Friends of sheep - The Horse Forum
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  • 1 Post By Foxhunter
  • 2 Post By Captain Evil
  • 4 Post By Foxhunter
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post #1 of 10 Old 02-20-2020, 12:40 PM Thread Starter
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Friends of sheep

I have 3 equines. A riding pony, and rescue pony, and a BLM burro. I have a 25 acre pasture and a big square bale of hay in a tombstone horse feeder with a hay chix nibble net. Despite this, the riding pony became obese this winter. I had to pull her out of the pasture and put her in the dry lot/stall paddock combo on the other side of the property. She cannot see the pony and the burro. The rescue pony freaked out when I pulled her, but he seems to be fine now and making better friends with the burro. She seems fine, but I am worried about her mental health. I am riding her 5 miles a day 3-4 days a week weather, time, light permitting. Obviously, it will be a long time before she loses weight. I am weighing her hay and she has toys in the dry lot, but I am thinking of acquiring a sheep for her as a buddy. I do NOT want another equine. I want a small animal that consumes very little, and I used to own goats (too naughty) so I can trim hooves no problem. I am looking at an older, ewe hair sheep (no shearing). Does anyone have experience with a sheep and horse together? I am sure she has IR and will probably not be able to go to pasture until much, much later, when I have a better schedule and can get her Greenguard muzzle on her (when we actually have some grass), but she will still need to probably get put up in the dry lot. The dry lot fencing is horse panels, but I can zip tie some sheep panels to it if needed (my my I do love zip ties).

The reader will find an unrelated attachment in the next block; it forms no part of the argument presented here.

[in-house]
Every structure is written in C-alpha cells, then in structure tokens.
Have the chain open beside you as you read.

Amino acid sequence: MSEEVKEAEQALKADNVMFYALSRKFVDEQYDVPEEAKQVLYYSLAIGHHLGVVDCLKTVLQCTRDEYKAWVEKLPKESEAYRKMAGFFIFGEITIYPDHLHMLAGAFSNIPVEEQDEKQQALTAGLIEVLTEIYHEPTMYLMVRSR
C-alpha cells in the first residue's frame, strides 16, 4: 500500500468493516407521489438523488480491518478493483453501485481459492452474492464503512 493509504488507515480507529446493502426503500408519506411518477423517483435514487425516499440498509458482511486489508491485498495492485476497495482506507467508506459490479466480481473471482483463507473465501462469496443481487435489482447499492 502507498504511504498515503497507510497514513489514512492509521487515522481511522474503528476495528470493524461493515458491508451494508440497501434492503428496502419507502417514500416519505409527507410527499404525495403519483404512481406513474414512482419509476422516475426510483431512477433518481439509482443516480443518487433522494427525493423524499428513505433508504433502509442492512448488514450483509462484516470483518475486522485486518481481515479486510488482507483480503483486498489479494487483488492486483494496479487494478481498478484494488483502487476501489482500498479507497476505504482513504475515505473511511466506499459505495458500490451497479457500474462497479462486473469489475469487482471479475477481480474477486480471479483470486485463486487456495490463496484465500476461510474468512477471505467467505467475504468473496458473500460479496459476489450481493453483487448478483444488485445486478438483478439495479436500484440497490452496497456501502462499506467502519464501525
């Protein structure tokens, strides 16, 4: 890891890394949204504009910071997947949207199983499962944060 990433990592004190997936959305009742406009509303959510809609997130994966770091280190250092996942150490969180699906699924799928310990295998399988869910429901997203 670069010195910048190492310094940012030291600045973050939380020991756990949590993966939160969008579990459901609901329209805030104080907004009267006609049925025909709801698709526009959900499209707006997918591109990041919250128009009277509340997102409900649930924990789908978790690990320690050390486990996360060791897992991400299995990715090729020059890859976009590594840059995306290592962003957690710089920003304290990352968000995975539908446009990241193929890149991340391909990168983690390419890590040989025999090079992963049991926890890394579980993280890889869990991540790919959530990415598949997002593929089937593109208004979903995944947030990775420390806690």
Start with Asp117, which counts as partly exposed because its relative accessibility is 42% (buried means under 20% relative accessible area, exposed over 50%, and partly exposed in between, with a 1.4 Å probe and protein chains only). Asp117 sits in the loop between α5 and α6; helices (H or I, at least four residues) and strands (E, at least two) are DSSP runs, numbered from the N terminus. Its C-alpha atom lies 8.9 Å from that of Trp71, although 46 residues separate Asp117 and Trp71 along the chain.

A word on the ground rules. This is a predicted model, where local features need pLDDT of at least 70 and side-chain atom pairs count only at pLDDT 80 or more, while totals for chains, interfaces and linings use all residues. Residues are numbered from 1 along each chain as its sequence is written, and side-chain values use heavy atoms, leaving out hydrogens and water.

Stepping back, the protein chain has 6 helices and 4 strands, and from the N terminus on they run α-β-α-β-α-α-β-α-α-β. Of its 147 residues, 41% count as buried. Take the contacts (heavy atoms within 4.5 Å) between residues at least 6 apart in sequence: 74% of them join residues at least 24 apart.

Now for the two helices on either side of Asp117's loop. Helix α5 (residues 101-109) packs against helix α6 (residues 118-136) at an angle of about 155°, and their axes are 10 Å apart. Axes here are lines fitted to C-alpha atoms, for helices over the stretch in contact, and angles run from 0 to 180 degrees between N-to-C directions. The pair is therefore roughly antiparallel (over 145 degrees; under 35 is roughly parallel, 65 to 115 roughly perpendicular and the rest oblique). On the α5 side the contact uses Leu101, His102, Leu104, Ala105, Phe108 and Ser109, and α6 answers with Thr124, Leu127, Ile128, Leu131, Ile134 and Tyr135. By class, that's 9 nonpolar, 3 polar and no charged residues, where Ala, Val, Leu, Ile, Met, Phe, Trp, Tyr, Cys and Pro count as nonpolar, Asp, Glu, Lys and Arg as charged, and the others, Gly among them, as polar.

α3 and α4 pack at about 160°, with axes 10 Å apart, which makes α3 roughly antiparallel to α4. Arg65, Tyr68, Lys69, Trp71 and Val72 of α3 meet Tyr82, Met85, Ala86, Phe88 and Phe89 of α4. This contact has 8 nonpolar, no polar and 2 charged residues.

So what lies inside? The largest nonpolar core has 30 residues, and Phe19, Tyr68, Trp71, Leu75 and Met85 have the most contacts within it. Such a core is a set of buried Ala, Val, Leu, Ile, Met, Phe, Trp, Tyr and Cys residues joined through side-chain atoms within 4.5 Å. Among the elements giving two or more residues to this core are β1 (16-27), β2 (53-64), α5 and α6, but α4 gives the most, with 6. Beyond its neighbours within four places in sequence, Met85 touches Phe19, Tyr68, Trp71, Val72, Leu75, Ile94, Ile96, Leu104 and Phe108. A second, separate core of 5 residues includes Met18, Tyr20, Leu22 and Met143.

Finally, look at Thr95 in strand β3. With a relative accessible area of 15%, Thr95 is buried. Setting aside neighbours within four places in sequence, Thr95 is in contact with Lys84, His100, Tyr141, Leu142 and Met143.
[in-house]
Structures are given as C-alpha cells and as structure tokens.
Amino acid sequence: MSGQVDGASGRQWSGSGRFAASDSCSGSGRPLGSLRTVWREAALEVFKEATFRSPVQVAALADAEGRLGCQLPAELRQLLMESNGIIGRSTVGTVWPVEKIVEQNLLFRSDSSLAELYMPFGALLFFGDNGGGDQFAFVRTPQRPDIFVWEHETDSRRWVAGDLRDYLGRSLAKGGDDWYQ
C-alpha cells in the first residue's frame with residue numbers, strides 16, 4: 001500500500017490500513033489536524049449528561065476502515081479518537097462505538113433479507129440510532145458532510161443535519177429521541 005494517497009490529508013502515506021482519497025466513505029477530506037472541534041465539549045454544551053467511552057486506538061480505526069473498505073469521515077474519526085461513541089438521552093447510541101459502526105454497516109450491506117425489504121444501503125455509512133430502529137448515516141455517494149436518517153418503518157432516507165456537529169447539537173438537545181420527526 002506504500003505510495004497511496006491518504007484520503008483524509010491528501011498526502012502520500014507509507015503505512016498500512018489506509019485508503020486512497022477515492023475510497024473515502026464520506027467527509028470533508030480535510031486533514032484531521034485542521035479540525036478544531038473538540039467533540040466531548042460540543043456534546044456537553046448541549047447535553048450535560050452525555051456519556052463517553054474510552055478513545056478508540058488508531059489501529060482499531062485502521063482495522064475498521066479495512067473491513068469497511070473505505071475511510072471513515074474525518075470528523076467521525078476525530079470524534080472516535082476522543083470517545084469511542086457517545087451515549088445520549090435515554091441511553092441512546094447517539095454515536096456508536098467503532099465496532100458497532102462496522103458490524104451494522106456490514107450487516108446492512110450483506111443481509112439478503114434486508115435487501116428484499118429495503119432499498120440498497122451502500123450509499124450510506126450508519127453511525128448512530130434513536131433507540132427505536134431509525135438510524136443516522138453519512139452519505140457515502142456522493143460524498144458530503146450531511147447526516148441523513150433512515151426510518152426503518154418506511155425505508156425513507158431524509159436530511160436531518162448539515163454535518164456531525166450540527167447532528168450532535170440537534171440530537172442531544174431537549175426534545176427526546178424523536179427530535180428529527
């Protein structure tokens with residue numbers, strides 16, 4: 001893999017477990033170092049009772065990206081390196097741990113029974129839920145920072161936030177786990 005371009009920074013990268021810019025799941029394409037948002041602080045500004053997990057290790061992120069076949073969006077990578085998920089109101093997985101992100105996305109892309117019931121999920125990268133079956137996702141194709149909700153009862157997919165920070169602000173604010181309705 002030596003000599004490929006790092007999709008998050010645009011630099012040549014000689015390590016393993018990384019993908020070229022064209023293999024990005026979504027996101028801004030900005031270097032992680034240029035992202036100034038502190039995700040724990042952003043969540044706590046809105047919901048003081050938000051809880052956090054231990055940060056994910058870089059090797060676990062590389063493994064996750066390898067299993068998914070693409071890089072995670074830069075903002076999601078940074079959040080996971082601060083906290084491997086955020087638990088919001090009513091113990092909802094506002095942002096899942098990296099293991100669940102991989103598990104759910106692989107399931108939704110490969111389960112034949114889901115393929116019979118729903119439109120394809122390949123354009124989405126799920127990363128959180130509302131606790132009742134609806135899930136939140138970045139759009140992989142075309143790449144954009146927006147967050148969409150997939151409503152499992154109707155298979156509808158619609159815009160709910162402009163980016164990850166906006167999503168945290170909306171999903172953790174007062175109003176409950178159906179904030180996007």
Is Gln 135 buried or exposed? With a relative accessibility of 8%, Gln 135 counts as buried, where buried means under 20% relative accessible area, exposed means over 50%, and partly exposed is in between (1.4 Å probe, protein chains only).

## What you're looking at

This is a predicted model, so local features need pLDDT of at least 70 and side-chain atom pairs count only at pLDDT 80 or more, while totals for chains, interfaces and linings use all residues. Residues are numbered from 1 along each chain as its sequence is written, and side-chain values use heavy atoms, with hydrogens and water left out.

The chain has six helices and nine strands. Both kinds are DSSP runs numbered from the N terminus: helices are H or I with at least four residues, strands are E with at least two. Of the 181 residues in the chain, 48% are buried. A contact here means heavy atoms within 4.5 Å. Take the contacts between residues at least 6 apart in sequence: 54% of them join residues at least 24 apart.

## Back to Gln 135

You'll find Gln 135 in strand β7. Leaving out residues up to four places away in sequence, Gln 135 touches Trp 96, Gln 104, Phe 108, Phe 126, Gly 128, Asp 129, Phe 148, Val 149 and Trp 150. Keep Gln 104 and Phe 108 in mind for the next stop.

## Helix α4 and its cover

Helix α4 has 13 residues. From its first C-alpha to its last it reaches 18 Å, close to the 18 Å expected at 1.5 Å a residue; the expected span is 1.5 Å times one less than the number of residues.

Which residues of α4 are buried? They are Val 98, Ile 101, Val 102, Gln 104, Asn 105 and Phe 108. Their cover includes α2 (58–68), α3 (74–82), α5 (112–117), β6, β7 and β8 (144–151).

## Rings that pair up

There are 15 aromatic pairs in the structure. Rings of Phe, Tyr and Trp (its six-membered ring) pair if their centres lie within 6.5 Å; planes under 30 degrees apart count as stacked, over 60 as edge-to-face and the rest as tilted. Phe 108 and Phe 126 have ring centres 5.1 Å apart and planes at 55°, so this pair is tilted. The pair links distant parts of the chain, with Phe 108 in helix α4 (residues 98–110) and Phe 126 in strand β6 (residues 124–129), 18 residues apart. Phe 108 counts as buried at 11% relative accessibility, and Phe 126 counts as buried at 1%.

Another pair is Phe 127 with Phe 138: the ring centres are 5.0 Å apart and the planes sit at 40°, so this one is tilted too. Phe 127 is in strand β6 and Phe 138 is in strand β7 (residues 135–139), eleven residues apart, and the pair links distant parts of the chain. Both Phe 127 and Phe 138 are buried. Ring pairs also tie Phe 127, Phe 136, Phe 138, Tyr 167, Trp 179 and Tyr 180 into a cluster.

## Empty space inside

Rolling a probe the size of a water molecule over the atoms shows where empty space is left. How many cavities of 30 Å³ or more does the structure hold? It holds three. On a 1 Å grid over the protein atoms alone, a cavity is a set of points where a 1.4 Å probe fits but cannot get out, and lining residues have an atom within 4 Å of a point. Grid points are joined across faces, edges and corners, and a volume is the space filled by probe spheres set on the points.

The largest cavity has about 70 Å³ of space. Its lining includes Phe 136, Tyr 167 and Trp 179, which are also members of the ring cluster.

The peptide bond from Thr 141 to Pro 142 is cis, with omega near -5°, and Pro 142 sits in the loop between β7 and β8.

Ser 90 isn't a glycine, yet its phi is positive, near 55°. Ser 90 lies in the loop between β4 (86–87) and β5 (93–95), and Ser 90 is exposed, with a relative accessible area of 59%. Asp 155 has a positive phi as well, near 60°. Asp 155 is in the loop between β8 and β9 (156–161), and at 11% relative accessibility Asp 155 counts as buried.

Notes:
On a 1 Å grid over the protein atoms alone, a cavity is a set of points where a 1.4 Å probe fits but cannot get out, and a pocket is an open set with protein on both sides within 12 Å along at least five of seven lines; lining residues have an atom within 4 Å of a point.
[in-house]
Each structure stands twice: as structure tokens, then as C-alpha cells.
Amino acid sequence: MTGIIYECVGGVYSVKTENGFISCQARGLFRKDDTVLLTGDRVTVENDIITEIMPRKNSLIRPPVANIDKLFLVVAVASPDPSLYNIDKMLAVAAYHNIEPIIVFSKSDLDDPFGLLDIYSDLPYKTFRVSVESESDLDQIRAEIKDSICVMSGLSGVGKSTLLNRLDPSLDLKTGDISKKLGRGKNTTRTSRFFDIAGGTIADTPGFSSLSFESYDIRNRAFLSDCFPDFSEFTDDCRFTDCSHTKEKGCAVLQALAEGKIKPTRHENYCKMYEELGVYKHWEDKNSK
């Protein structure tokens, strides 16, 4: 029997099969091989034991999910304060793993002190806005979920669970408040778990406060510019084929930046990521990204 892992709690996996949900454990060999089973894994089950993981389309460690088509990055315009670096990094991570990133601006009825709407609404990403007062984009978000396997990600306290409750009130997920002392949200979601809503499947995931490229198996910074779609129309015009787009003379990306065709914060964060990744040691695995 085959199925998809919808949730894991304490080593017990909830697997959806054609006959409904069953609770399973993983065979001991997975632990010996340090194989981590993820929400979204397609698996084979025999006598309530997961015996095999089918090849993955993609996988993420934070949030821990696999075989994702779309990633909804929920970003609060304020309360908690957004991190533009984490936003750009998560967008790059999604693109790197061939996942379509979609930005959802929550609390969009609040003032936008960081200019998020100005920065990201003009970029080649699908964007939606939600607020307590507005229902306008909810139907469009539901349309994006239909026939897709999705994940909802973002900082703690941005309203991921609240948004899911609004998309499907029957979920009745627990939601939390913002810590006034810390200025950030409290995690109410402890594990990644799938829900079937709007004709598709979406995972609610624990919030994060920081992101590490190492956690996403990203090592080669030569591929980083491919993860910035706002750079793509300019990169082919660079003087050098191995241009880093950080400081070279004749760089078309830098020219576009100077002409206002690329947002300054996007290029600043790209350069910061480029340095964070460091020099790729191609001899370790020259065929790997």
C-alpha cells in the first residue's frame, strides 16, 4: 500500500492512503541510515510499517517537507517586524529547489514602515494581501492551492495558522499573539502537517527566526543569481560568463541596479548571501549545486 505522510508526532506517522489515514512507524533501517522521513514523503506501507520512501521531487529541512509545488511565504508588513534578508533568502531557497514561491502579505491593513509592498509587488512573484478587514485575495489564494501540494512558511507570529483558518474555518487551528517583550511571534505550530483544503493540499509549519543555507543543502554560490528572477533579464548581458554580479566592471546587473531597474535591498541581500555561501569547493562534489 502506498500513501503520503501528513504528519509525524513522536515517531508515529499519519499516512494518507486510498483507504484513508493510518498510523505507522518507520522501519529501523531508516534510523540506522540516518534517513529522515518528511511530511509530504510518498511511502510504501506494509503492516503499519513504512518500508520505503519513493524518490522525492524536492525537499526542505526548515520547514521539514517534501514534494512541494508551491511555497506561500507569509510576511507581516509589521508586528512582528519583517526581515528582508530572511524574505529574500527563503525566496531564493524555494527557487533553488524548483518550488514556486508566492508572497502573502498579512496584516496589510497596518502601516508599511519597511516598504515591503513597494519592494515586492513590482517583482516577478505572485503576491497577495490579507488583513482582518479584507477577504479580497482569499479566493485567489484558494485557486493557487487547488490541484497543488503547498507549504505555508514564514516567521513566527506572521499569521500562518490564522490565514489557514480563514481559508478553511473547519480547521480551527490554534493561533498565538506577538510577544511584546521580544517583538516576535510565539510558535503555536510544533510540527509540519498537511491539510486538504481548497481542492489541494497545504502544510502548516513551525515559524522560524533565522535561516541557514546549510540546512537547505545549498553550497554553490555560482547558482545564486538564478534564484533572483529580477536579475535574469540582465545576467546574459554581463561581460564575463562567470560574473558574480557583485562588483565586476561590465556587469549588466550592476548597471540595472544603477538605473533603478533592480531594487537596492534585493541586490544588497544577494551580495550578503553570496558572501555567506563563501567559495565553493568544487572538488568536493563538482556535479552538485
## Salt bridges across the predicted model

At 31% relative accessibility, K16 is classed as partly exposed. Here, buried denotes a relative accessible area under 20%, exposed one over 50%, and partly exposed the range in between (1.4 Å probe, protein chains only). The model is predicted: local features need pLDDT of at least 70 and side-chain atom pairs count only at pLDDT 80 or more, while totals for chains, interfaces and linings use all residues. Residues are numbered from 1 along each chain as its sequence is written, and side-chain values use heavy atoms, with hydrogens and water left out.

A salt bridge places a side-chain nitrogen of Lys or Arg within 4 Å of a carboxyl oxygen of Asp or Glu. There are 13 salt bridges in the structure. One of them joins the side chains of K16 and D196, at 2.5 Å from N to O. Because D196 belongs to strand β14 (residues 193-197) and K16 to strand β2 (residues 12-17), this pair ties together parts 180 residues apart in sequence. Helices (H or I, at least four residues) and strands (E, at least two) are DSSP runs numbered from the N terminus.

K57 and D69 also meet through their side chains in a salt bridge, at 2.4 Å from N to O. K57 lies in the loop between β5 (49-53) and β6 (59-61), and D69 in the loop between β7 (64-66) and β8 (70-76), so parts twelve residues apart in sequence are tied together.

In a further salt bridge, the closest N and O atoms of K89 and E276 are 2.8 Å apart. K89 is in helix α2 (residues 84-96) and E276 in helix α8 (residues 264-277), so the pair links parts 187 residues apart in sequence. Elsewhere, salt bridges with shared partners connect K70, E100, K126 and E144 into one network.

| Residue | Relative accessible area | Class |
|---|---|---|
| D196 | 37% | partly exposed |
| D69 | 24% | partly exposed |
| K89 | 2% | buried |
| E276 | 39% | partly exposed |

She lived with goats before and was fine, so I am not worried she will hurt the sheep. I just want her to have a friend that doesn't eat a lot, will bond, and is not creative enough to plot escape. Thoughts? Anyone have a sheep for a horse friend?
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post #2 of 10 Old 02-20-2020, 01:06 PM
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Majority of horses will bond with a sheep BUT you say you want an older ewe, the problem with this is that as they age so their teeth drop out making it very hard to keep weight on them.

Secondly, you will need meshed fencing to keep it in.
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post #3 of 10 Old 02-20-2020, 01:29 PM Thread Starter